Dara Khosrowshahi, president and CEO, Expedia, Inc., middle, discusses his company and travel trends with Melissa Maher, SVP global partner group, Expedia Lodging Partner Services, left, and Henrik Kjellberg, president, The Hotwire Group.
Las Vegas – Expedia, Inc. is all about its partners. Truth be told, without them they’d be hard-pressed to have a viable business, since the inventory its sites sell is not its own. Such was the backdrop for the online travel agency conglomerate’s partner conference here at Caesars Palace.
The theme of the conference, “Travel Rising,” was based off of three main drivers, as Melissa Maher, SVP global partner group, Expedia Lodging Partner Services, outlined at the outset of the show: innovation, technology, partnership.
The key, she said, was partnership. “Without it, technology and innovation are meaningless.”
THE TRAVEL PICTURE
Expedia, Inc.’s CFO, Mark Okerstrom, took over where Maher left off. He delivered a broad overview of the travel industry and Expedia’s spot within it. While 2013 offered “mixed signals,” he said, alluding to the government shutdown, 2014 should be less unclear.
“Travel continues to grow at healthy rates,” he said (it’s up 3.7 percent in the U.S.). “People want to travel.”
Expedia is also reaching new pockets of demand; first and foremost, China. “U.S. arrivals are up 25 percent on Expedia points of sale,” Okerstrom said.
In sum, he said that the travel outlook for 2014 is better than 2013. Forward bookings for Expedia, Inc., he said, are up 34 percent for San Francisco, 49 percent for Bangkok, 30 percent for Paris and 28 percent for Cancun.
At the conference’s Vegas-inspired Town Hall session, Johan Svanstrom, president, Hotels.com and Venere.com, left, addresses the audience along with Laurens Leurink, president, Lodging Partner Services.
But Expedia is not resting on its laurels. The company spent a staggering $2 billion in sales and marketing in the last 12 months. “We spend more and more each year,” Okerstrom said.
Dara Khosrowshahi, president and CEO, Expedia, Inc., and president of the brand, discussed changes in travel—particularly how consumers are buying it.
“We continue to change with new devices and technology,” he said. “It’s a wonderful opportunity. What are we doing to stay ahead?” he asked the audience.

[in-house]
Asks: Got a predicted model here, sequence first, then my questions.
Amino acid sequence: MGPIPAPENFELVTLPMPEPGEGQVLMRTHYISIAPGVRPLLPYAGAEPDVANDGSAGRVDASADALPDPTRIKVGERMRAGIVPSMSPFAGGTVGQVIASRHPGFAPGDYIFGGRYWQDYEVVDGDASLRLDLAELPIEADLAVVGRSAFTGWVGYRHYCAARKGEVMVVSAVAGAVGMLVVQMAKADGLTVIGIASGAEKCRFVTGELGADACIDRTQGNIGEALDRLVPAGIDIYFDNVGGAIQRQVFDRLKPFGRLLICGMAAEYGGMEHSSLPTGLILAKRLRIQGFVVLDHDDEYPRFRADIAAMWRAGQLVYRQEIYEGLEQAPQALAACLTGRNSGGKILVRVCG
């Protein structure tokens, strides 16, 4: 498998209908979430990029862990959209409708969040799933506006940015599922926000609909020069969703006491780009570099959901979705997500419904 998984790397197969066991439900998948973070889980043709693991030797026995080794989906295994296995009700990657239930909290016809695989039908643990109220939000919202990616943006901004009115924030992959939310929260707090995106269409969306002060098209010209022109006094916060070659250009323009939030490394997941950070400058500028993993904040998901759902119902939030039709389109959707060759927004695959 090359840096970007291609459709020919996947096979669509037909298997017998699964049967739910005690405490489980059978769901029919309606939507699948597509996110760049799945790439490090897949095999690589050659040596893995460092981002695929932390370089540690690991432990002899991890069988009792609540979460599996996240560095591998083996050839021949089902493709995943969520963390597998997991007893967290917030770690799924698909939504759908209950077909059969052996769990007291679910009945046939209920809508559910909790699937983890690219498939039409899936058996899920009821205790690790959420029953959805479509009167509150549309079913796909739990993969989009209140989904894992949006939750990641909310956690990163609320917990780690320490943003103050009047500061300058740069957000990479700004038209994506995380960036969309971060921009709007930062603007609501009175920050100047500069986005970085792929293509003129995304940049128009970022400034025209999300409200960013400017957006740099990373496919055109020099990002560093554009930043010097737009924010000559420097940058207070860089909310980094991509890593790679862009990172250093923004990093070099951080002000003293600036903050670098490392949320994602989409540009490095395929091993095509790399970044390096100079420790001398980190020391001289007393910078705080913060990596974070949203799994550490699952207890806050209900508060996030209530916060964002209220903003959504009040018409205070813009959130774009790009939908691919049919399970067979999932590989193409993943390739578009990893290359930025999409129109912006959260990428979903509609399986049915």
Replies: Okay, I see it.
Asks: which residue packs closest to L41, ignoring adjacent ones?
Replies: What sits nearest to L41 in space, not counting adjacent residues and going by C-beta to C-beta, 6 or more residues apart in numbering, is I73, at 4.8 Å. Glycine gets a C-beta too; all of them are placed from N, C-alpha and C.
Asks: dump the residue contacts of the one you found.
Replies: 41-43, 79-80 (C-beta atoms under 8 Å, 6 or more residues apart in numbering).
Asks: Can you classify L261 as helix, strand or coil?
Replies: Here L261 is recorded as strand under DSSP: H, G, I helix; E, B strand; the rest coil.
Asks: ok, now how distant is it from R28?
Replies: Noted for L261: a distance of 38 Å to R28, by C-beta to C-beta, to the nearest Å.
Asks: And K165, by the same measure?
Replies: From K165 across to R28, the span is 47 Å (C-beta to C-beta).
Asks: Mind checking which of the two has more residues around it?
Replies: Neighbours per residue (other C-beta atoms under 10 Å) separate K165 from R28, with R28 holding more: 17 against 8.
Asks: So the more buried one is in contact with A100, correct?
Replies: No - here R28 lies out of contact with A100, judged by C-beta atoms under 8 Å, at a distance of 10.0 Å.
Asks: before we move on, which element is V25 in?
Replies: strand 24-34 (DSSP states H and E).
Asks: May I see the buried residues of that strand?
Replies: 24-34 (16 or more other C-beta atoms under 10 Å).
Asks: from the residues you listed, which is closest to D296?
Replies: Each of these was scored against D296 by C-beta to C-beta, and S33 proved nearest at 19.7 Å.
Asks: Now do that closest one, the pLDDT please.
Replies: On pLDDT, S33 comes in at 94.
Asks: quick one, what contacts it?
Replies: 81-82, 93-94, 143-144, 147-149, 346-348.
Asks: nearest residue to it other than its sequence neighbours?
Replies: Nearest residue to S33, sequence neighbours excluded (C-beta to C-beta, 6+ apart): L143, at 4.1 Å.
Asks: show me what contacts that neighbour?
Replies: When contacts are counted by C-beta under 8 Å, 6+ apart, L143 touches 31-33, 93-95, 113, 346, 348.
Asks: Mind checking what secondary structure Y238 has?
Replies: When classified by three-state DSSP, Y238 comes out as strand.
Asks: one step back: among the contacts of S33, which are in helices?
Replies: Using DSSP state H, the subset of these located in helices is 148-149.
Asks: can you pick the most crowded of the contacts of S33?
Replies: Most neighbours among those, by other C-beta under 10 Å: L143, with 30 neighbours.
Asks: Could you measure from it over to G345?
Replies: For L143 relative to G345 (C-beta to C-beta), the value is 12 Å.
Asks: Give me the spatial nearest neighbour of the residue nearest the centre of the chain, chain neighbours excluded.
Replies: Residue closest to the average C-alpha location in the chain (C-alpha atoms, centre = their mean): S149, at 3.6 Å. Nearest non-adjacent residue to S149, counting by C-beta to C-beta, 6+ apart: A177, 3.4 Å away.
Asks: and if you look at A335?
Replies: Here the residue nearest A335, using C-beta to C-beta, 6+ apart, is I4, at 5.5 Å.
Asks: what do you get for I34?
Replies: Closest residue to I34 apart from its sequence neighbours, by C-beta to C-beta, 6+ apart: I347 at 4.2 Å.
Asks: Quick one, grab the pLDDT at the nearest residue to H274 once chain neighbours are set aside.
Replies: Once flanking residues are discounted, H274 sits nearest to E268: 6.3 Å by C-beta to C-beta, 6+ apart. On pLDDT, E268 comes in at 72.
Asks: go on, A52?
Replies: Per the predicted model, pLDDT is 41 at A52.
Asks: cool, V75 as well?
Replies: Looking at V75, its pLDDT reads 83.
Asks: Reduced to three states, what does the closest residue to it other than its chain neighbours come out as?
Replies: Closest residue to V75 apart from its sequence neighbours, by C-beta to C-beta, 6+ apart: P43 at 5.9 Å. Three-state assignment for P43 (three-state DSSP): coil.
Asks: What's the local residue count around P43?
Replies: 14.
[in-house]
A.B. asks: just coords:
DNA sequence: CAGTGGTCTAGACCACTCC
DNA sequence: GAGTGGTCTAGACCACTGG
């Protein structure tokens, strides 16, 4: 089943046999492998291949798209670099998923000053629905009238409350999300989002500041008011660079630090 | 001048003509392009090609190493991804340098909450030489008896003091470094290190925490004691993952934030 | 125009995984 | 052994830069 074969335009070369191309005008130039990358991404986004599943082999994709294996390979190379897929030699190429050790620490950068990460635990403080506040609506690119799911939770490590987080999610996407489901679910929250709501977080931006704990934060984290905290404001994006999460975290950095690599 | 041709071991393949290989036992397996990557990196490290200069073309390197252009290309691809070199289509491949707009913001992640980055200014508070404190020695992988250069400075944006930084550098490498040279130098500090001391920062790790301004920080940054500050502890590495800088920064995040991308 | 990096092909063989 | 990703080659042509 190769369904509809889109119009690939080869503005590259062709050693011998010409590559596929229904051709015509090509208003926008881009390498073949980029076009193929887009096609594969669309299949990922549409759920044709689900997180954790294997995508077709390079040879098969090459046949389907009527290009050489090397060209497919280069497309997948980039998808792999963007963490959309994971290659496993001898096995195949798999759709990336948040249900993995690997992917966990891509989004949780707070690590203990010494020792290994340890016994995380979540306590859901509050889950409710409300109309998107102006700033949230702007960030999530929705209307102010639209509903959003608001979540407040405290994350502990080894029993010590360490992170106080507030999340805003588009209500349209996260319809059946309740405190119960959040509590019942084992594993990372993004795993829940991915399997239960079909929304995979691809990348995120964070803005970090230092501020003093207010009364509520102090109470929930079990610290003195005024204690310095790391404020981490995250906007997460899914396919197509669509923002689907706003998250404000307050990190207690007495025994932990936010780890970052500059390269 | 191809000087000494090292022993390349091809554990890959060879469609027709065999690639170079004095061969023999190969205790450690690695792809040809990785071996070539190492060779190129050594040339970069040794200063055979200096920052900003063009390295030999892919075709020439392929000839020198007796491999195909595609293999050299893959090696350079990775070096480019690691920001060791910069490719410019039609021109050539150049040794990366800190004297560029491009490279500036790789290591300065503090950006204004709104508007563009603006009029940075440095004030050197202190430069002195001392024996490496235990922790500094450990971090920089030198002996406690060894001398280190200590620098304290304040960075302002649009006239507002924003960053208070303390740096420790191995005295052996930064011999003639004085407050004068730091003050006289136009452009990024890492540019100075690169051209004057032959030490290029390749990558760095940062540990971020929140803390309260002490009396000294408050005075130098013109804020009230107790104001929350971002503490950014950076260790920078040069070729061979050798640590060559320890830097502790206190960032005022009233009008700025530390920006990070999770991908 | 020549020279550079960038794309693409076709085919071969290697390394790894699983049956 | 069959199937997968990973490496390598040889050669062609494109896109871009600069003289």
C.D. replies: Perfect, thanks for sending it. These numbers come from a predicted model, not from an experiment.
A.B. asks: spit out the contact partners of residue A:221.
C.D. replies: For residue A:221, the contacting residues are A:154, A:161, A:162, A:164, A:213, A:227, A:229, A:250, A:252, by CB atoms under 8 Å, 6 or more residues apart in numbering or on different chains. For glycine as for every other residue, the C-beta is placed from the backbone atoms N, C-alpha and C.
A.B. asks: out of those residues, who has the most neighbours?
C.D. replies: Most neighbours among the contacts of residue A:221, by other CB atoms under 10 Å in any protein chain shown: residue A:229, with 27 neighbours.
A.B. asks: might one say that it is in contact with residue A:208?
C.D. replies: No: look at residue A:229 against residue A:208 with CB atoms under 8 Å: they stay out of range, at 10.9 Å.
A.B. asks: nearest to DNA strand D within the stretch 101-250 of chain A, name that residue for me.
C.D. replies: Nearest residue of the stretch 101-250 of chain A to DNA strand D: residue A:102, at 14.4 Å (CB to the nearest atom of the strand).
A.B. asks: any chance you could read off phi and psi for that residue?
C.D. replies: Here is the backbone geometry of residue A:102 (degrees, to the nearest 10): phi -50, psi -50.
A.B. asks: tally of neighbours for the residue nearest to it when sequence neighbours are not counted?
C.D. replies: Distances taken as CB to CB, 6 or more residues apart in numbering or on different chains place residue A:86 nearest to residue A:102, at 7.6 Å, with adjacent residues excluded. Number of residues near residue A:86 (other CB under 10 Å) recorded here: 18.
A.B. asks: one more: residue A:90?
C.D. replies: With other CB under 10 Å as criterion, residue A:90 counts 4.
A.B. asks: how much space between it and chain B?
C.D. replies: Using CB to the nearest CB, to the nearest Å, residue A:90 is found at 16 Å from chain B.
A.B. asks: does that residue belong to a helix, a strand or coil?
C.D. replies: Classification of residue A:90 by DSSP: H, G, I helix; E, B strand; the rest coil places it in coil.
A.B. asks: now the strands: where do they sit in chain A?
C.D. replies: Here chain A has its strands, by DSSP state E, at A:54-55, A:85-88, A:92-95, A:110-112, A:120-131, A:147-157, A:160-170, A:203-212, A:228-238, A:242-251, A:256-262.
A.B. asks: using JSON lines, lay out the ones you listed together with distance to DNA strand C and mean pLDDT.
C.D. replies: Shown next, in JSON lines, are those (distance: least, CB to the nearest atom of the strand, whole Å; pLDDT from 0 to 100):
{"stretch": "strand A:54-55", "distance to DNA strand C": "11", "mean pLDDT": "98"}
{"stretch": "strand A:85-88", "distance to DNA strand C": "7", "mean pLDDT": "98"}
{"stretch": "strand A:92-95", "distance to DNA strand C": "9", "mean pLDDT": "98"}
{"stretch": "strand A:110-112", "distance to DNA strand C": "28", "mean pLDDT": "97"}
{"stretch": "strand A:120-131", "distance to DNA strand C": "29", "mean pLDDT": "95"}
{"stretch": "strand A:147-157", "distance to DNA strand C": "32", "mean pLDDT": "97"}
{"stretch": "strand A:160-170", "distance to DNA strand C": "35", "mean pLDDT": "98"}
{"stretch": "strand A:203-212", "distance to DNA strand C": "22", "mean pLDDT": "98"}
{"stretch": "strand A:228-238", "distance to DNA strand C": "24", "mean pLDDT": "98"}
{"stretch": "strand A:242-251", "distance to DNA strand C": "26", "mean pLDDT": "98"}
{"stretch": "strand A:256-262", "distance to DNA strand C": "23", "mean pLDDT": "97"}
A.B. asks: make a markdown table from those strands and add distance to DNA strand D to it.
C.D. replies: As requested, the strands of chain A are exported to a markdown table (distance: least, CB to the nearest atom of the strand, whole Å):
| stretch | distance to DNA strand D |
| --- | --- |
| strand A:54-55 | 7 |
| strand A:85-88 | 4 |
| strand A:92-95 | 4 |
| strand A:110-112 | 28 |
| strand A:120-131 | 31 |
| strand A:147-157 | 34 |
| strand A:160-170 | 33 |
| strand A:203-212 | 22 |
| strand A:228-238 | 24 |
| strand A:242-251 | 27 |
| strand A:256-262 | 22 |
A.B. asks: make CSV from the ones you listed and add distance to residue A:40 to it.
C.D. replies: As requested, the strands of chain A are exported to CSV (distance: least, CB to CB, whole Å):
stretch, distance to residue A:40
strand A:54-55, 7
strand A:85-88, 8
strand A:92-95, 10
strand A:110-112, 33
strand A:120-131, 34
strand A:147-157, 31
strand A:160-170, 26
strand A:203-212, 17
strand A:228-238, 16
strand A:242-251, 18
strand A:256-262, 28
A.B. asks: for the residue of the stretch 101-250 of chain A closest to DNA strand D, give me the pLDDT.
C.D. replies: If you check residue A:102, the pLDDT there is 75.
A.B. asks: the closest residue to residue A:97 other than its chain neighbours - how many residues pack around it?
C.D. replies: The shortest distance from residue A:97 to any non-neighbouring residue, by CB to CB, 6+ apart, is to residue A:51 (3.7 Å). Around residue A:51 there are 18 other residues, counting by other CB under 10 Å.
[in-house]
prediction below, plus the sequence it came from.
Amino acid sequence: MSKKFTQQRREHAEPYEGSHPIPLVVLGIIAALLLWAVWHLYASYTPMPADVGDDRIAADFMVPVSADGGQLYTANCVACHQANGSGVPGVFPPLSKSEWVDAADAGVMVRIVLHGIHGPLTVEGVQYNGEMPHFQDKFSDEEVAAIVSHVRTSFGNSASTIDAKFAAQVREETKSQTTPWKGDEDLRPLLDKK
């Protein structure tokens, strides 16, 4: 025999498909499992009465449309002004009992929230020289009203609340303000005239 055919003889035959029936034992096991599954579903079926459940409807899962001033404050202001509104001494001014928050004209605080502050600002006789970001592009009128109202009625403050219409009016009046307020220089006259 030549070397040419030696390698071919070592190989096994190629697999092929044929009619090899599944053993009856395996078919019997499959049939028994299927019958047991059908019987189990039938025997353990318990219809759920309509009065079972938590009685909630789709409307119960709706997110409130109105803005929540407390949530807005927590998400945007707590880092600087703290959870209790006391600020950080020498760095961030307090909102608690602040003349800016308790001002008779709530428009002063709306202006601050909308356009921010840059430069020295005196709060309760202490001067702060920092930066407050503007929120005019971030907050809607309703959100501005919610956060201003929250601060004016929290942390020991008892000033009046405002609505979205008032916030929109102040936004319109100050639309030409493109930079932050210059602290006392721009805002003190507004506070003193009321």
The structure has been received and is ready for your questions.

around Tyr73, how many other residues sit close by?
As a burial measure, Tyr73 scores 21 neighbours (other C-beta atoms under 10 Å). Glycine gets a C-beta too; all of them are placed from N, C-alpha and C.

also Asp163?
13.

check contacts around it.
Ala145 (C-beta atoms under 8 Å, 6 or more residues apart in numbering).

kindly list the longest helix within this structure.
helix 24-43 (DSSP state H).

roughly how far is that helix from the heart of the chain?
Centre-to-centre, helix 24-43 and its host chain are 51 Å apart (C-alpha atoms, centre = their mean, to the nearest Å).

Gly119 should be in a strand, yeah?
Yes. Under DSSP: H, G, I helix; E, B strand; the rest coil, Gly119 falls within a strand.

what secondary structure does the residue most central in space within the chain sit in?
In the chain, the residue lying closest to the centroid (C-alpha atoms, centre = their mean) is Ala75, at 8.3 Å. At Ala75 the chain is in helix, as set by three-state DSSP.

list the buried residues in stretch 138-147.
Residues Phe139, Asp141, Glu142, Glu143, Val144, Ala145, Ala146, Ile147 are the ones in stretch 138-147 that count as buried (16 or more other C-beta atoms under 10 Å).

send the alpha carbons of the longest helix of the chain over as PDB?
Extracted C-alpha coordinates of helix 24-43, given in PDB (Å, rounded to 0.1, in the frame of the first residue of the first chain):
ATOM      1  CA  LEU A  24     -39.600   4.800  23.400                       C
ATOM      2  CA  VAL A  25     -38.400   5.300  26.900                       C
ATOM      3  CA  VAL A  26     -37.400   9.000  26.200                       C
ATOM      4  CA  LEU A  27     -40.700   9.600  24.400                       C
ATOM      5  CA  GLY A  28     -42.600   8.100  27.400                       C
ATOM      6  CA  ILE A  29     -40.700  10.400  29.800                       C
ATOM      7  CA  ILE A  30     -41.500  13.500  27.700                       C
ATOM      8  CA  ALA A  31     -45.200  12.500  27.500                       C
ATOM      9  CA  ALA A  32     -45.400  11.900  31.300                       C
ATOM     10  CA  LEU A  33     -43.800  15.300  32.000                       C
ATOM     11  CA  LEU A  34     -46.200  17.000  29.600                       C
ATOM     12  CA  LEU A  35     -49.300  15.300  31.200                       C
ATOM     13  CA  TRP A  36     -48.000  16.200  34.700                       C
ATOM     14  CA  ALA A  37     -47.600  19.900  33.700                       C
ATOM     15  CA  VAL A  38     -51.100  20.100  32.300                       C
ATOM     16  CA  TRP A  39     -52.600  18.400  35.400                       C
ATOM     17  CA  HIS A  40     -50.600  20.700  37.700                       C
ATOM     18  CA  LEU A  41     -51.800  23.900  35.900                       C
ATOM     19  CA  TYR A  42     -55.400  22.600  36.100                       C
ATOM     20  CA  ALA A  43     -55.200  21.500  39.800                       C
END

Khosrowshahi said Expedia had three assets: brands, people, and technology.
He also said that the company has changed how it operates internally. It has to, in this quickening age of commerce and technology. “Instead of predicting the future, we build one that is agile and fast. It becomes difficult to predict the future, so we build one that can react to the future. We have stopped guessing what the consumer wants and let them tell us.”
Guessing, no, but trying to figure the consumer out, yes. Expedia does loads of A/B testing, and Khosrowshahi said that there are hundreds of different Expedia iterations on the Web. This manifests itself, for instance, in the way and appearance of how categories are sorted.
Of course, no travel discussion is finished without mentioning China, which Khosrowshahi said is responsible for a third of the world’s growth. “By 2020, there will be 100 million outbound Chinese travelers,” he said. “We are spending a lot on the international consumer,” he said, adding that Expedia is making large investments in Elong.com, its China-targeted OTA.
“China is already twice the size of U.S. market in online use,” he said.
Meta-search was also a topic of discussion, reportedly up 28 percent in use in 2013. “Consumers like to shop around,” Khosrowshahi said.
And the future? It’s all about mobile. “PCs are the minority of connected devices,” Khosrowshahi said. “Mobile is up 20 percent in 2013 for U.S. consumer media consumption share.”